What Really Happened in the 2004 Tsunami?
What Really Happened in the 2004 Tsunami?

Geologists call the 2004 tsunami a “monster earthquake.” An earthquake that shocks last longer than usual. Followed by mountains of waves crashing onto the beach at breakneck speed.

The December 2004 tsunami wave was recorded as the worst natural disaster in modern history. An event with an unimaginable dimension, in terms of the number of victims, as well as from the geological aspect.

What happened?

Giant waves occur after an earthquake under the sea, about 100 kilometers west of the coast of Sumatra, at 07:59 local time. The epicenter was at a depth of about 30 kilometers below the seabed. There are two colliding continental plates. Severe pressures then cause one plate to shift down another plate. That happened on December 26, 2004, on a 1000 kilometer line. This is a very rare event.

The resulting earthquake lasted up to 10 minutes. Usually, this kind of earthquake only lasts a few seconds. According to various calculations, the strength of the earthquake at that time reached 9.1 to 9.3 on the Richter scale and is the second-largest earthquake in the last 100 years. In 1960, an earthquake in Chile was recorded at 9.5 on the Richter scale.

Why the giant tsunami waves appear?

One of the continental plates shifted up to 15 meters, so it moves vertically. That caused the seabed in several places to move up to 10 meters. That’s what makes the sea level at the site rises suddenly. The water that is pushed then forms a big wave, which moves at very high speed, as fast as a jet, and moves towards the coast. In deep-sea areas, fast-moving water is not very pronounced on the surface. But toward the increasingly sloping coastal areas, the waves will roll higher and higher. On the coast of Sumatra, wave height has reached about 30 meters.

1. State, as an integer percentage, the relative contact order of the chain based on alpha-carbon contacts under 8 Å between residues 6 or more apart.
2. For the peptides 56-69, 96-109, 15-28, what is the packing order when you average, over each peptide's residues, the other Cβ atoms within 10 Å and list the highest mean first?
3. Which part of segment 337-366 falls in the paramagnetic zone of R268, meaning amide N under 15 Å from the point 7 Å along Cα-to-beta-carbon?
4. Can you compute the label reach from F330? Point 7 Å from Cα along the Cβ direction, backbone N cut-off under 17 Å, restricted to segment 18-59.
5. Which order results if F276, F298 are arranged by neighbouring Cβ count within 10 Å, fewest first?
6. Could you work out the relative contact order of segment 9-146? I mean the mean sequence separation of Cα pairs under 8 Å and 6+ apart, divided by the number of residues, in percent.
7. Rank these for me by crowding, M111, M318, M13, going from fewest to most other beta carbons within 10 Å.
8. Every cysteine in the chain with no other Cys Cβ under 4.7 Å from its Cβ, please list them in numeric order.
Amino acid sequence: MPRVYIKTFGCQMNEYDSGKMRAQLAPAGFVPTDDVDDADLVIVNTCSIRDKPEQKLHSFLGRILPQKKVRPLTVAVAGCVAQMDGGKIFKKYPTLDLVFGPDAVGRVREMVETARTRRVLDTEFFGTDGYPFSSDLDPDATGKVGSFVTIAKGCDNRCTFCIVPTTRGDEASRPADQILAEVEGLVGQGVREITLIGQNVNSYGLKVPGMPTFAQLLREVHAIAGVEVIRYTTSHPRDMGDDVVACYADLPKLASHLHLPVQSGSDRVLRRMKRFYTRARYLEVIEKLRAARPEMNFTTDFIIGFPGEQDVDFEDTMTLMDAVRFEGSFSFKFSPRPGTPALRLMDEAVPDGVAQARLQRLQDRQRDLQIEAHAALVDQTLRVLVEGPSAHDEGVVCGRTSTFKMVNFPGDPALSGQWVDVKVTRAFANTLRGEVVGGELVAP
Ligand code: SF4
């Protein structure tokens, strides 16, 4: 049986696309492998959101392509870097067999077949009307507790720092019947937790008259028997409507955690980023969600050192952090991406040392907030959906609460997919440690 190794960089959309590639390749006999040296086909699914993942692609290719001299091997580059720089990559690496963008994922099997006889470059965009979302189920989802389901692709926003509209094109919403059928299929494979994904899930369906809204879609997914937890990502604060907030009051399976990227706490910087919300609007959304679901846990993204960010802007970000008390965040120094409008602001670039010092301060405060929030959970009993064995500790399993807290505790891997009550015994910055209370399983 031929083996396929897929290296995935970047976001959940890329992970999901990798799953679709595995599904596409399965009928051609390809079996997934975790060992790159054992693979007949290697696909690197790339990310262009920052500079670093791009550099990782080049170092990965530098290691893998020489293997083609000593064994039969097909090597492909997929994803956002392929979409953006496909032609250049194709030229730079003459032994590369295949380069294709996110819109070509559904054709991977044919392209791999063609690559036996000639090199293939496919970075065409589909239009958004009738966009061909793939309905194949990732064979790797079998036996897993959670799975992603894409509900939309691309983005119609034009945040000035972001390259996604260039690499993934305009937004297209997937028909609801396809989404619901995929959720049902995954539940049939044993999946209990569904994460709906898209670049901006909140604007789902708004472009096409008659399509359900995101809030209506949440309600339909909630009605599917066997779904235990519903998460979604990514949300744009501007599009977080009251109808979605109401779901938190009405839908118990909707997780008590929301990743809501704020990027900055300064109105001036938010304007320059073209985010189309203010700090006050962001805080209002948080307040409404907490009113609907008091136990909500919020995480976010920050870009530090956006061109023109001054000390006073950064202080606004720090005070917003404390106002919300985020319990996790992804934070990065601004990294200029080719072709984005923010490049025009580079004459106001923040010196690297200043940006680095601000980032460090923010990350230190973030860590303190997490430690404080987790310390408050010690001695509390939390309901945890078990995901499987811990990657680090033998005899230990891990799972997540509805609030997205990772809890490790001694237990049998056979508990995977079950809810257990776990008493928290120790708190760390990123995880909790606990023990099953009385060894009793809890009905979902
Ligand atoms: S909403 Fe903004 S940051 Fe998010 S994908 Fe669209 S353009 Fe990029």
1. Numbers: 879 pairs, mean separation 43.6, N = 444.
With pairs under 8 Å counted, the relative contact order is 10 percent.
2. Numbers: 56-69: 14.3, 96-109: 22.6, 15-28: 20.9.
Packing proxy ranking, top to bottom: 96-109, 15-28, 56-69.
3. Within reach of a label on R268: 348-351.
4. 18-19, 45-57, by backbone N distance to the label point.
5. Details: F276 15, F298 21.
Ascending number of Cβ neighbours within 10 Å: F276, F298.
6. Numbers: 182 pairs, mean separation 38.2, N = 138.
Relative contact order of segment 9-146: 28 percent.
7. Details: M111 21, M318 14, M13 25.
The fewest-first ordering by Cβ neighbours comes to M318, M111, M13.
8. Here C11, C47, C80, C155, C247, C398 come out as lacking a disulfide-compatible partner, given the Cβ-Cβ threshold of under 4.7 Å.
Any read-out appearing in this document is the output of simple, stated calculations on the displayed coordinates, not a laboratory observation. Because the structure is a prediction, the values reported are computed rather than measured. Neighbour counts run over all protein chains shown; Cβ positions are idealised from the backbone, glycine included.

What about fatalities and damage from the tsunami?

In the Indian Ocean, from Sumatra (Indonesia) to the Andaman Islands, Thailand, South India, Sri Lanka and parts of Africa, there were around 230,000 people killed in 14 countries. The worst damage occurred in Sumatra, with around 170,000 dead. All buildings in the coastal area were destroyed, in some places up to a distance of five kilometers on land. Millions of people are left homeless.

Who has the possibility of surviving?

Tourists who are diving in the middle of the sea, feel the tides are faster, but they experience nothing. Also, the fishermen who are at sea, do not feel there will be giant waves. Residents who react quickly and can flee to the high ground are also saved. People who live at the top of the house, who are tall enough and strong enough to resist the lunge of water and things that are dragged along with the water, can survive.

Are there any warnings for residents?

No one in the disaster area had a tsunami emergency plan at that time. United States tsunami warning center in Hawaii immediately realized and make an emergency call, that there were a great earthquake and the threat of a terrible giant wave. But they did not know which parties to contact in the disaster area. So they issued a general warning.

What has been done since the great disaster?

Now a tsunami early warning system has been built along the waters between Indonesia and Thailand. Every change in the water level is monitored for 24 hours, and there is an automatic warning if there is a sudden change. The early warning center in Jakarta is ready to send warnings to regions throughout Indonesia.

With the help of German experts from the Geological Research Center in Potsdam, the tsunami early warning system was successfully functioning. Warnings will also be sent via SMS to regions. Many hotels in the coastal area now have warning boards and evacuation plans in case of a tsunami threat.


How big is the risk of a tsunami in the future?

Tsunamis cannot be predicted. Tensions between colliding plates always occur. Continental plates to the west of Sumatra have been under pressure until now. In April 2012, there was another underwater earthquake in the region with a magnitude of 8.6 on the Richter scale. But there was no large and wide tsunami wave. Why? Because the plates were moving horizontally.

Facts of the 2011 Japanese Tsunami, One of the Largest in the World
Facts of the 2011 Japanese Tsunami, One of the Largest in the World